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   Re: Parser Behaviour (serious)

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  • From: THOMAS PASSIN <tpassin@idsonline.com>
  • To: <xml-dev@xml.org>
  • Date: Wed, 5 Apr 2000 08:55:25 -0400

Peter Murray-Rust writes:

> At 09:16 AM 4/3/00 -0700, Tim Bray wrote:
> >At 08:48 AM 4/3/00 +0100, Peter Murray-Rust wrote:
> >>So my summary is:
> >> - The experts (on this list) cannot agree precisely what a parser
> >>should
> >>and should'nt do with various combinations. these include:
> >
> >It is not clear that rules could ever be written.
> If this is true it spells the death of interoperability for information
> components such as MathML, SVG and CML (chemical markup language).

> It matters very much. I and Henry are persuading may people to use CML as

I completely agree with Peter M-R on this.  If you need an important feature
such as entity resolution, your document should be able to say so.  This is
NOT the same issue as being able to turn a feature on and off, something
which has not been settled in this list either.

> *part* of their content. Examples are publishers, patents, safety, health,
> materials, pharmaceutical, etc. etc. It is *absolutely essential* that
> everyone interprets the chemistry in the same way. Otherwise people could


> Friends, this is too serious to ignore. We decided after a years' debate
> that we had to have an API for parsers (SAX). I think we know deep down we
> have to something here. It may be a document, it may be a piece of
> software. The response to SAX was so exciting and encouraging - everyone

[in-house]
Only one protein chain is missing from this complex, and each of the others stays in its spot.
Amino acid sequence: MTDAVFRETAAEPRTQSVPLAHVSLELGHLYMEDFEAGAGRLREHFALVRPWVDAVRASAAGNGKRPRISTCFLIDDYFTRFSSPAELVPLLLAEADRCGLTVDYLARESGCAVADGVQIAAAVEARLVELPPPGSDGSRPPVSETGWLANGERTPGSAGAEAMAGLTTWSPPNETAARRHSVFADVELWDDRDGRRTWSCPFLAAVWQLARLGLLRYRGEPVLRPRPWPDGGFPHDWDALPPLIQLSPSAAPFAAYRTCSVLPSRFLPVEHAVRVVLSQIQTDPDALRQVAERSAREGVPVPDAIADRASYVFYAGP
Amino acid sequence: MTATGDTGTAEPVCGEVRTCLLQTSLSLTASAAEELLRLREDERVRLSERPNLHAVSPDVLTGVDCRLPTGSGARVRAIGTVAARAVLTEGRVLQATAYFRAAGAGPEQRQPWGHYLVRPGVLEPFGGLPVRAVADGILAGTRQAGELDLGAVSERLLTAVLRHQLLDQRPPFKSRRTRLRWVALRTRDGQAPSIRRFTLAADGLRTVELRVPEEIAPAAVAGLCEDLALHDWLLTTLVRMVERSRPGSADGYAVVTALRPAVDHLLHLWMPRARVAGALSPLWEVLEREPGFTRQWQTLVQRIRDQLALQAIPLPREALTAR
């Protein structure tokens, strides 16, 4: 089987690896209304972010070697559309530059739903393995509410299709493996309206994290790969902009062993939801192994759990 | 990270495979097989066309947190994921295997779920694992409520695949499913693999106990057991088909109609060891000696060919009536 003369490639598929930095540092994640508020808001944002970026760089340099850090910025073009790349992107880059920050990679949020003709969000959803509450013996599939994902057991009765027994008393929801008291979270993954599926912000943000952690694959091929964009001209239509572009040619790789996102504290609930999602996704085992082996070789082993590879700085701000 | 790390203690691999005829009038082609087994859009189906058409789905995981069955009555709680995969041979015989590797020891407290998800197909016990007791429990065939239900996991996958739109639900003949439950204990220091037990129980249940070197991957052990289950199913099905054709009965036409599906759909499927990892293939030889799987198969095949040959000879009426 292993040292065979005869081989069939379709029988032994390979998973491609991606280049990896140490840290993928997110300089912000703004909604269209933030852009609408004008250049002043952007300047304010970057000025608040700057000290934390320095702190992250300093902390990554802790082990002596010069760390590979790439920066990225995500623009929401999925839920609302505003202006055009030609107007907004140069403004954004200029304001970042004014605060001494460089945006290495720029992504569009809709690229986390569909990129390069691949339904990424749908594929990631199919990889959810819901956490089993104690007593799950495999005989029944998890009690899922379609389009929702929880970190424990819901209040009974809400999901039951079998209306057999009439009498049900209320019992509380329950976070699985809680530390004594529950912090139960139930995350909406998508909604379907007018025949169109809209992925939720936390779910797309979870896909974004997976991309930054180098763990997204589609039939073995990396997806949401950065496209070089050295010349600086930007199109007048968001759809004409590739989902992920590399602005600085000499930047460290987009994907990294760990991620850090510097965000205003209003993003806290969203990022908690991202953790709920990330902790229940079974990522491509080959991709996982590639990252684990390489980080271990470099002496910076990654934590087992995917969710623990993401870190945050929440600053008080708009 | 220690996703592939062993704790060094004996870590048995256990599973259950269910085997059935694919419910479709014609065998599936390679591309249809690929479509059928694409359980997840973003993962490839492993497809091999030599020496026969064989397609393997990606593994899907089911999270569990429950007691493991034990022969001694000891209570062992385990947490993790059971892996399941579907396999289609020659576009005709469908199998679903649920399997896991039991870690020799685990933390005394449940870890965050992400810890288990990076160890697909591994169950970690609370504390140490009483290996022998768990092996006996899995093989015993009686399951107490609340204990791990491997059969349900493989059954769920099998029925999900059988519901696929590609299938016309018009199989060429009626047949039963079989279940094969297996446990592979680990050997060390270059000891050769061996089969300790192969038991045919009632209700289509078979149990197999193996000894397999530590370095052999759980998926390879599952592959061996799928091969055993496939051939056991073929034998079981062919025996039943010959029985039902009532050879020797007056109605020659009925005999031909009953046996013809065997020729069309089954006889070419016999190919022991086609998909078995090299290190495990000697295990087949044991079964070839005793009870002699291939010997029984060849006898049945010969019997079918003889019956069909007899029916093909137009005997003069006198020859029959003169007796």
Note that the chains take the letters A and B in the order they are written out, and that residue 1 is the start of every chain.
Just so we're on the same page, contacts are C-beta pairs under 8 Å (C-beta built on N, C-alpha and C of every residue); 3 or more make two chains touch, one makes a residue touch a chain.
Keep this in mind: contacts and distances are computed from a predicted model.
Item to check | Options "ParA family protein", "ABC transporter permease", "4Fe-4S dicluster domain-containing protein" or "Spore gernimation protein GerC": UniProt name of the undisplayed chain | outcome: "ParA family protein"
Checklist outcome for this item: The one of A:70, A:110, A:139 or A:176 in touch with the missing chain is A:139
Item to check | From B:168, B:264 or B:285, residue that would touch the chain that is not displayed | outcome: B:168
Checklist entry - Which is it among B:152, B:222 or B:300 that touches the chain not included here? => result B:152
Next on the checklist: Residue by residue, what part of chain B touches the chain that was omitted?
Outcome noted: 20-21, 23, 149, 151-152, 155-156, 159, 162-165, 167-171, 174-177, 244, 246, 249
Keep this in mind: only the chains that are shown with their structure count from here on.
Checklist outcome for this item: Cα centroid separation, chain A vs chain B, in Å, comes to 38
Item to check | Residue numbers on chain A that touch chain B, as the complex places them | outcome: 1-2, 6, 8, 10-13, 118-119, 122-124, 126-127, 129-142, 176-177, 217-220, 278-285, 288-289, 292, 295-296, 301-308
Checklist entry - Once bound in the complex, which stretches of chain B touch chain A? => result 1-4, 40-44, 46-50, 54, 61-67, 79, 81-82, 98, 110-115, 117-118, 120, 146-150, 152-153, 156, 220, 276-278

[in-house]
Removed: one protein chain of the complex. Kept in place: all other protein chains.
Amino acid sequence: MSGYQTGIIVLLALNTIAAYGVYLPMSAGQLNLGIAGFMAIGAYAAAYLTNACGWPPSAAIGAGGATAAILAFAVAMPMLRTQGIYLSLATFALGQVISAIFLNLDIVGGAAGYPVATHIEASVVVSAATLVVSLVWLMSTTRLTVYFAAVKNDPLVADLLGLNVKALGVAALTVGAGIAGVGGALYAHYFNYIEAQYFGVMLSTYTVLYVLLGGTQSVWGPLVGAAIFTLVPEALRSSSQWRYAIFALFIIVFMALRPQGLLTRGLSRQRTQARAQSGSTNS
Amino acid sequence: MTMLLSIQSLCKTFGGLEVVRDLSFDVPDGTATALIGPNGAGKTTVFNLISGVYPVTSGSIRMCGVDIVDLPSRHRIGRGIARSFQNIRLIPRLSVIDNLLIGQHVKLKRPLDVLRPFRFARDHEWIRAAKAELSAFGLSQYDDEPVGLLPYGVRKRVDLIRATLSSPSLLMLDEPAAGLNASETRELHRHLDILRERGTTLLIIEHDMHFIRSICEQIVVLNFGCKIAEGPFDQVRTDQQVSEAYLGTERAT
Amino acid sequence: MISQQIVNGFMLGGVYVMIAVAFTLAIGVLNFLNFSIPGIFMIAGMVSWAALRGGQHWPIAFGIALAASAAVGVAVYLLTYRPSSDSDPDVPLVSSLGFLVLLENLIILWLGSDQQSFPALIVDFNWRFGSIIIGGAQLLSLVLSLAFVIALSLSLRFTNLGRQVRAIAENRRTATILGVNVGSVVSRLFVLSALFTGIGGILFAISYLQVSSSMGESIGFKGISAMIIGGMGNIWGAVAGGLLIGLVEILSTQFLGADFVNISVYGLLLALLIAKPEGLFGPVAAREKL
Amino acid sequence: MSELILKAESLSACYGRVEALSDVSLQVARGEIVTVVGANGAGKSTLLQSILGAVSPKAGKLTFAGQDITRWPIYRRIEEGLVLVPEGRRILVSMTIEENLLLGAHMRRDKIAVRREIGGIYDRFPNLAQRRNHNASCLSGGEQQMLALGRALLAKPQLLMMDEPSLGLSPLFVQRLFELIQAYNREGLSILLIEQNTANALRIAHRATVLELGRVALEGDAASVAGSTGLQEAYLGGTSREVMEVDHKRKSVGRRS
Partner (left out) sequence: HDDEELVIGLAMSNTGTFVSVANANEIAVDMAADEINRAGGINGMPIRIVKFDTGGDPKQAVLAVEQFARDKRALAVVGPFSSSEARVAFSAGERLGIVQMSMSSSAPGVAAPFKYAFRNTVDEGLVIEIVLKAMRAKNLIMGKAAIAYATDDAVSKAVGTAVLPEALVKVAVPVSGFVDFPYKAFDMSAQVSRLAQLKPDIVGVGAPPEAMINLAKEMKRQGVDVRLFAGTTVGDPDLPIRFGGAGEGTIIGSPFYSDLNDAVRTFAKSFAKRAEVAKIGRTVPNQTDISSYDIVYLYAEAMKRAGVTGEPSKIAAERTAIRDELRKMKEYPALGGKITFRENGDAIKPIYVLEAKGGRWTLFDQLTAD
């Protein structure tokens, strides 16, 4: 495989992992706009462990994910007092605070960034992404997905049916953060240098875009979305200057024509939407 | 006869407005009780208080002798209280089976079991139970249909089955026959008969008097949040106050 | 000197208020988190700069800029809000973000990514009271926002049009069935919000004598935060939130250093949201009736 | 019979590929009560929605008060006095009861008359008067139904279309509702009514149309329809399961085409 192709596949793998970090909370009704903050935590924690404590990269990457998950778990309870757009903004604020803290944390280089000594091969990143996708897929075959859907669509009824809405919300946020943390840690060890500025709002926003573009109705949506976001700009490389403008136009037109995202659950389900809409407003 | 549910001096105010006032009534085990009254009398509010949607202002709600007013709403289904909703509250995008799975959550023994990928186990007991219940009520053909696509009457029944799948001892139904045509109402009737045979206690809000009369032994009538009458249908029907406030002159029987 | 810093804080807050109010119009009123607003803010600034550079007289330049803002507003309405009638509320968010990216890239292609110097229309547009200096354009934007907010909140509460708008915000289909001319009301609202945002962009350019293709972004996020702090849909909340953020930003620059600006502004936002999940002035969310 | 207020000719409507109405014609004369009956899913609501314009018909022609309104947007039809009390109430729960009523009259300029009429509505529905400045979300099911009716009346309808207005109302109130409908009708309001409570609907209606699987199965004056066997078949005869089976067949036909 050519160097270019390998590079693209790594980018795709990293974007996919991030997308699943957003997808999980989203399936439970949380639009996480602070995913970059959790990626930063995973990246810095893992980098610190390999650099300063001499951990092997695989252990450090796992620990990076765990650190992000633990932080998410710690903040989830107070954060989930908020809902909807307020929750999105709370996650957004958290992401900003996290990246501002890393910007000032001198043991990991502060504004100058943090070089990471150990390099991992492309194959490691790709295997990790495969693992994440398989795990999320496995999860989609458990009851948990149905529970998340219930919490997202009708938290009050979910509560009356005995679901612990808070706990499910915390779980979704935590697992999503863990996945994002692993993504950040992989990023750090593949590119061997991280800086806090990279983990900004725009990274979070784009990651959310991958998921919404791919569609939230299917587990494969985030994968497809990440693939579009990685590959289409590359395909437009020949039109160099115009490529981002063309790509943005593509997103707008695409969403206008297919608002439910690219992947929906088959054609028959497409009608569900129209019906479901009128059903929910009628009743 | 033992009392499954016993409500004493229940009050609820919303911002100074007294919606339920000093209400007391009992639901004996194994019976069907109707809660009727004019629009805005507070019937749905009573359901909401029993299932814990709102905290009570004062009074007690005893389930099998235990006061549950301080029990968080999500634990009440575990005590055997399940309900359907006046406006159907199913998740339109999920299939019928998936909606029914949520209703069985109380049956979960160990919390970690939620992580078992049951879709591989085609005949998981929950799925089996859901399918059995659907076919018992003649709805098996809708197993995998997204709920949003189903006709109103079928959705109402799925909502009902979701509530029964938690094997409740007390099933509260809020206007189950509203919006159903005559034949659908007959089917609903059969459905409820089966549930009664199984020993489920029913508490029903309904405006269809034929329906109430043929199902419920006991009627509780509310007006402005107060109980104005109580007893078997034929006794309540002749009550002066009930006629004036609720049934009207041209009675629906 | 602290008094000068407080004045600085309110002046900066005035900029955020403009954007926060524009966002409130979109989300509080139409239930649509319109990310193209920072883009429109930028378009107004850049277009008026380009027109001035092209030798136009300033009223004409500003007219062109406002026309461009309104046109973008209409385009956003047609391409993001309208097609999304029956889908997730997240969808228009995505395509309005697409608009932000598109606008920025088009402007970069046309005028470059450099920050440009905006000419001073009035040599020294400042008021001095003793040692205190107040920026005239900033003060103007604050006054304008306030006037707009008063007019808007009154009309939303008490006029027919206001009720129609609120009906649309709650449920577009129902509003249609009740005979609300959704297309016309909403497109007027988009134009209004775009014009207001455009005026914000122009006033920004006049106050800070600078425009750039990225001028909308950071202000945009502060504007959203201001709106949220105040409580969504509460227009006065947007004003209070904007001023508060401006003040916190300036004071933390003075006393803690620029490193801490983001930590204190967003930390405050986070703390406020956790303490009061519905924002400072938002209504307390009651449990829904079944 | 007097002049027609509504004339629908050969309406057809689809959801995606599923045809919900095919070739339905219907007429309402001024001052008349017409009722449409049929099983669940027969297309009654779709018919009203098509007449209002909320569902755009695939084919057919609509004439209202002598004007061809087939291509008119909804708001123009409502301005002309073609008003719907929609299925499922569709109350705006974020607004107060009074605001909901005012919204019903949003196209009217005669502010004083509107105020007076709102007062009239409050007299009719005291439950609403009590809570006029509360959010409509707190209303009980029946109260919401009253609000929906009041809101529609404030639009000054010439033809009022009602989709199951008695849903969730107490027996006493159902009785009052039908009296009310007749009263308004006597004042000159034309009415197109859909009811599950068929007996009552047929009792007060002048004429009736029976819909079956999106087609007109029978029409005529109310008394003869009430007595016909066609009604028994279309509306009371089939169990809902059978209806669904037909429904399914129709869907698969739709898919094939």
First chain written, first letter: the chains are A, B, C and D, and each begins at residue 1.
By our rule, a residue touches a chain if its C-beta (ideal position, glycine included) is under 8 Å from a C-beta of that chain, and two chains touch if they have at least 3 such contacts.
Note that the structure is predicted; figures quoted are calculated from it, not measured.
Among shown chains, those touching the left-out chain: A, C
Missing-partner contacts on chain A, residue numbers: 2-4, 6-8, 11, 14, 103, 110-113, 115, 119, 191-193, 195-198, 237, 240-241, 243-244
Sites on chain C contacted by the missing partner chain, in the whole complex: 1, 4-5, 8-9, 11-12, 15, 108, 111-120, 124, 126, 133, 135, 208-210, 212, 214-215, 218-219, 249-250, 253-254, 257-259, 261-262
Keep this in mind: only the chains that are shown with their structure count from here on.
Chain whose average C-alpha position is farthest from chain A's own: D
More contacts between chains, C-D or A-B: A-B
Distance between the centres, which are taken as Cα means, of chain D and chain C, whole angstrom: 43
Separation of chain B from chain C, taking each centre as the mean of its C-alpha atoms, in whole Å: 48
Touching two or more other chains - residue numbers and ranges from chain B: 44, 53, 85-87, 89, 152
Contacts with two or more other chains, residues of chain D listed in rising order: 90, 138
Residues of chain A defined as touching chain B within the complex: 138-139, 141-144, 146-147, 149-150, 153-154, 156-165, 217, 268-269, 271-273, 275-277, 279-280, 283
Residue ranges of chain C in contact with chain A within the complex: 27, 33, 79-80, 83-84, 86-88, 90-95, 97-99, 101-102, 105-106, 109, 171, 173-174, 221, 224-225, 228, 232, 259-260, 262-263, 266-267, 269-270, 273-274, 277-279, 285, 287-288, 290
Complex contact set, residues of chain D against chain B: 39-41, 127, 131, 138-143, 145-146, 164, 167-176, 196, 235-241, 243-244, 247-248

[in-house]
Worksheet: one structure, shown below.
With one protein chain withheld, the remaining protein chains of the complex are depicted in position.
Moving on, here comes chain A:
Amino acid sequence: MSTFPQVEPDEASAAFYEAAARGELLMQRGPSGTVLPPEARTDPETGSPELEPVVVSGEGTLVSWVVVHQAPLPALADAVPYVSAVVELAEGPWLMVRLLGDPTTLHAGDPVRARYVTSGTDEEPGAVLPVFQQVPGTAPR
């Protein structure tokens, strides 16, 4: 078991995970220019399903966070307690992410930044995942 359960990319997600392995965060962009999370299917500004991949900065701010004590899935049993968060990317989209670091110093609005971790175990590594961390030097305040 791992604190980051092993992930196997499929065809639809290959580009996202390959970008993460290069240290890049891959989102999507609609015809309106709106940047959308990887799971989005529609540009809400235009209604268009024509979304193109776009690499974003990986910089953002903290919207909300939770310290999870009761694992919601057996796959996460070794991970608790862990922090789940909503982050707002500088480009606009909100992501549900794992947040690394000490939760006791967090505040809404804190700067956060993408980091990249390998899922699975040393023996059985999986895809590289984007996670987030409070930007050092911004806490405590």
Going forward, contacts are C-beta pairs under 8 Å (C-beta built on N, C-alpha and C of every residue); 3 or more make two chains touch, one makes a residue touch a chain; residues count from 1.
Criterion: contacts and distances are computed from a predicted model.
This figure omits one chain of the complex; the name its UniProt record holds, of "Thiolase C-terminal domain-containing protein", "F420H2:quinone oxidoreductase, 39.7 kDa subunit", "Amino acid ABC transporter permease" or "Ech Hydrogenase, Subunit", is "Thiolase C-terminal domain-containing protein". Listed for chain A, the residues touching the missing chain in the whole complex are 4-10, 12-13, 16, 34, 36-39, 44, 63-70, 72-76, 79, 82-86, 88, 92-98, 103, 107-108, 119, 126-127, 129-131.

> took it on board. I am absolutely sure that all parser writers want their
> parsers to be interoperable. The following expresses my desire:
> <!DOCTYPE molecule SYSTEM "http://www.xml-cml.org/DTD/v10">
> <?xdev externalEntityExpansion="mandatory" DTDResolution="optional"?>
> <molecule name="raniditine bismuth citrate">
>   &ranitidine;
>   &bismuth;
>   &citrate;
> </molecule>
> <!-- I am not advertising - I happen to have worked on ranitidine -->
> P.

Peter's suggested approach here is elegant and simple.  As for Tim B's
statement about there being too many opinions about too many combinations,
well, David Megginson has written that SAX only handles 80% of the xml-ish
things you might like to do.  Let's strive towards agreement on 80% of the
key possibilities here, and we will accomplish something really worth-while.

Of course, even if we get a system such as Peter has asked for, older
parsers will ignore any such directives.  So Peter's pharmaceutical warnings
could still get ignored by any given processor.  But still, at least you
could tell users that they could use a range of processors instead of just
one.  That would be good.


Tom Passin

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